Yeah, I don’t want to live forever, but I’m going to hate dying.


I’m certain I’ll live forever, but mostly after moving on from THIS strange, beautiful, painful “school” or whatever the hell it is.

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It is very thought-provoking. I can honestly say I don’t want to live forever. I have a strong history of Alzheimer’s in my family, and witnessed enough long lives without good quality to know that I’d like to bow out before I hit that stage. I am more in favor of assisted suicide than ever, although it’s of dubious help in the case of Alzheimer’s, since you are required to be able to make a conscientious choice yourself at the time in states where is is allowed. I did find an organization called “Compassion and Choices” that is working towards making this available for more Americans. I strongly support them.

I too lived in CA for a couple of short years. Even then (2005) I always felt a certain amount of “shower guilt,” and I have to say it was part of the reason that I moved back to the east coast. Even in PA, which is considerably richer in water, I have worries about the water supplies. I was told that there is a recently approved housing development that has permission to draw 50,000 gallons of water a day from the Susquehanna. I found this hard to fact-check, and I’m woefully ignorant of how much this would impact the river, but still - looking at all the homes going up and the people going into them - the amount of water usage must be significant. I still shower minimally… and then I worry that with all my minimalism I will just be the weirdo that no one will take seriously.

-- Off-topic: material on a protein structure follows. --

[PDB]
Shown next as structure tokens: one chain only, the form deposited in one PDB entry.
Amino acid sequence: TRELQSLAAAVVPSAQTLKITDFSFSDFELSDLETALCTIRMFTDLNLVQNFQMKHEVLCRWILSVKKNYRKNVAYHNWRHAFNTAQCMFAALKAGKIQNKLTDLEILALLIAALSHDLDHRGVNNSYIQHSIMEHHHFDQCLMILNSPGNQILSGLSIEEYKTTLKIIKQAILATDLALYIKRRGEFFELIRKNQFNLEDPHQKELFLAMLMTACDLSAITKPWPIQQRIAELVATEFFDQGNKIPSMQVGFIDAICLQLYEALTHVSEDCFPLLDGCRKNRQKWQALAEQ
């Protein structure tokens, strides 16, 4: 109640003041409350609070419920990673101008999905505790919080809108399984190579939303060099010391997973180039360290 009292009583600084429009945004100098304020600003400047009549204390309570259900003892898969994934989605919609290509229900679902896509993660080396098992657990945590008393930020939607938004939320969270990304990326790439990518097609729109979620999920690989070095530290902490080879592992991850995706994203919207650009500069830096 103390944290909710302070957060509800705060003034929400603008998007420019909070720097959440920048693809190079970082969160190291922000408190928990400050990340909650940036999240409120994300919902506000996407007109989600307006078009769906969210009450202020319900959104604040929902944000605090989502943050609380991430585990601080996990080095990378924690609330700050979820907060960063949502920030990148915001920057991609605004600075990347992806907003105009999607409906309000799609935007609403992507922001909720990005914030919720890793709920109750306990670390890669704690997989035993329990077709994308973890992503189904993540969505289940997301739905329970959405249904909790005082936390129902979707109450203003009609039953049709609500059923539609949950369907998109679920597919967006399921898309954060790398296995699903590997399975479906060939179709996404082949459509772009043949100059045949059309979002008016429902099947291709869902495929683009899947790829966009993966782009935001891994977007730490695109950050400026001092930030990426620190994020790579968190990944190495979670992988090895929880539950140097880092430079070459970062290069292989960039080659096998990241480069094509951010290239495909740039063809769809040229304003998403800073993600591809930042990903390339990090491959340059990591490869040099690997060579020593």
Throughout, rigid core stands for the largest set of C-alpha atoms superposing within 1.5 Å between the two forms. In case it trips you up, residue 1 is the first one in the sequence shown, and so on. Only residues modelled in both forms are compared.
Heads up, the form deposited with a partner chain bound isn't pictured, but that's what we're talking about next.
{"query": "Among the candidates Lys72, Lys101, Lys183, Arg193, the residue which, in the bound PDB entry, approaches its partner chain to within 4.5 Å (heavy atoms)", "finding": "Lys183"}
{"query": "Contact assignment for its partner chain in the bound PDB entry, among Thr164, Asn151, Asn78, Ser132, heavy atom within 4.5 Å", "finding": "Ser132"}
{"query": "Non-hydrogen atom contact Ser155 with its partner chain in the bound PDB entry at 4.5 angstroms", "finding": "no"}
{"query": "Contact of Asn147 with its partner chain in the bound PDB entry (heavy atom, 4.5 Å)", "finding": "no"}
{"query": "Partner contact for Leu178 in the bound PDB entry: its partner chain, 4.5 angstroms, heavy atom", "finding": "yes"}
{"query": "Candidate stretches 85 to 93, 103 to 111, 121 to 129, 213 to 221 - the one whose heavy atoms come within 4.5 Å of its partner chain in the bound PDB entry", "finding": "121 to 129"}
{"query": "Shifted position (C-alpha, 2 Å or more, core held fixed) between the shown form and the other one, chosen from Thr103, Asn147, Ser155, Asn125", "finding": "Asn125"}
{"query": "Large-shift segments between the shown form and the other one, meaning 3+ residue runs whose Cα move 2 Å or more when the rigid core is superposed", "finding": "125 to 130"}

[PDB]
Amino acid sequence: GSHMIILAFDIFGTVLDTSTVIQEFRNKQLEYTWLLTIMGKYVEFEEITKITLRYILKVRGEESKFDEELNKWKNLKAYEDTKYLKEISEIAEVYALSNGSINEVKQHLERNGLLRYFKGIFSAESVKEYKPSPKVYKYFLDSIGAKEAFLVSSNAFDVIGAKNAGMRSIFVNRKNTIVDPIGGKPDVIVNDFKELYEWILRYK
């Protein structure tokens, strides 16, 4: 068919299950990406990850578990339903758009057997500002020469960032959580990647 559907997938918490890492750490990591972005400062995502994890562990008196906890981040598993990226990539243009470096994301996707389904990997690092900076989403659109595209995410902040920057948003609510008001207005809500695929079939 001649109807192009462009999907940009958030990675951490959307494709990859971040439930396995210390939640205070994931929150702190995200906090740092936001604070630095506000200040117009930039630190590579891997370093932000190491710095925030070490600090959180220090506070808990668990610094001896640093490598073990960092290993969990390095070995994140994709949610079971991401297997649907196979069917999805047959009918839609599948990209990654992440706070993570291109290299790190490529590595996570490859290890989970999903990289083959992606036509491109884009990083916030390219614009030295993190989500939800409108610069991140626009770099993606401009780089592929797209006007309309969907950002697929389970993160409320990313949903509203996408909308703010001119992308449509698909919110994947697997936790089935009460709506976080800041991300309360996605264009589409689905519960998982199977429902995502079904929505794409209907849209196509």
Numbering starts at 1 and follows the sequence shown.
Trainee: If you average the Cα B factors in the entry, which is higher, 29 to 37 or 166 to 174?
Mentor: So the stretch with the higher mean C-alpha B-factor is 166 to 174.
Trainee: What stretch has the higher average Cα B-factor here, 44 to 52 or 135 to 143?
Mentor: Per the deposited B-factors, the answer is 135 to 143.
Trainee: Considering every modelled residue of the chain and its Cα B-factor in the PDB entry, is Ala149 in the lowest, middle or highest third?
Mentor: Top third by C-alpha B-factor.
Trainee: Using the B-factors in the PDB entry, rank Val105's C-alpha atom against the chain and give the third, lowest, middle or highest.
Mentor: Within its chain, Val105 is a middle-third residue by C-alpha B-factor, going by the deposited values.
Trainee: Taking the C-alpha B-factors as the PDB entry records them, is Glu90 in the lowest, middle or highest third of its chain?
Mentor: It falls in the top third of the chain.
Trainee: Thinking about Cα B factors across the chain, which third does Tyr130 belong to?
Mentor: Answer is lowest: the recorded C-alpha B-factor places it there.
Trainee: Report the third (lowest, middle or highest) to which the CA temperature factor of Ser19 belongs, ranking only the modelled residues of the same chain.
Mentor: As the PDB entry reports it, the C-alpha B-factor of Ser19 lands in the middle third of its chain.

For those that celebrate that even humans cannot wipe out life entirely, well, I would agree. I think life will prevail, and maybe eventually, after many millions of years, we will be back to having as diverse a world as it was before we started all these mass extinctions. But I still think its a terrible shame.

For those that celebrate that humans will not go extinct, I would agree with that too. Some of us will probably survive. Hopefully it will be the ones who can be smartest and not just the ones that can kill the best. But I find “survival” to be a pretty low bar. Why create a world where we have to cut each other’s throats for the most basic resources, build walls to keep out the suffering, and then congratulate ourselves on survival?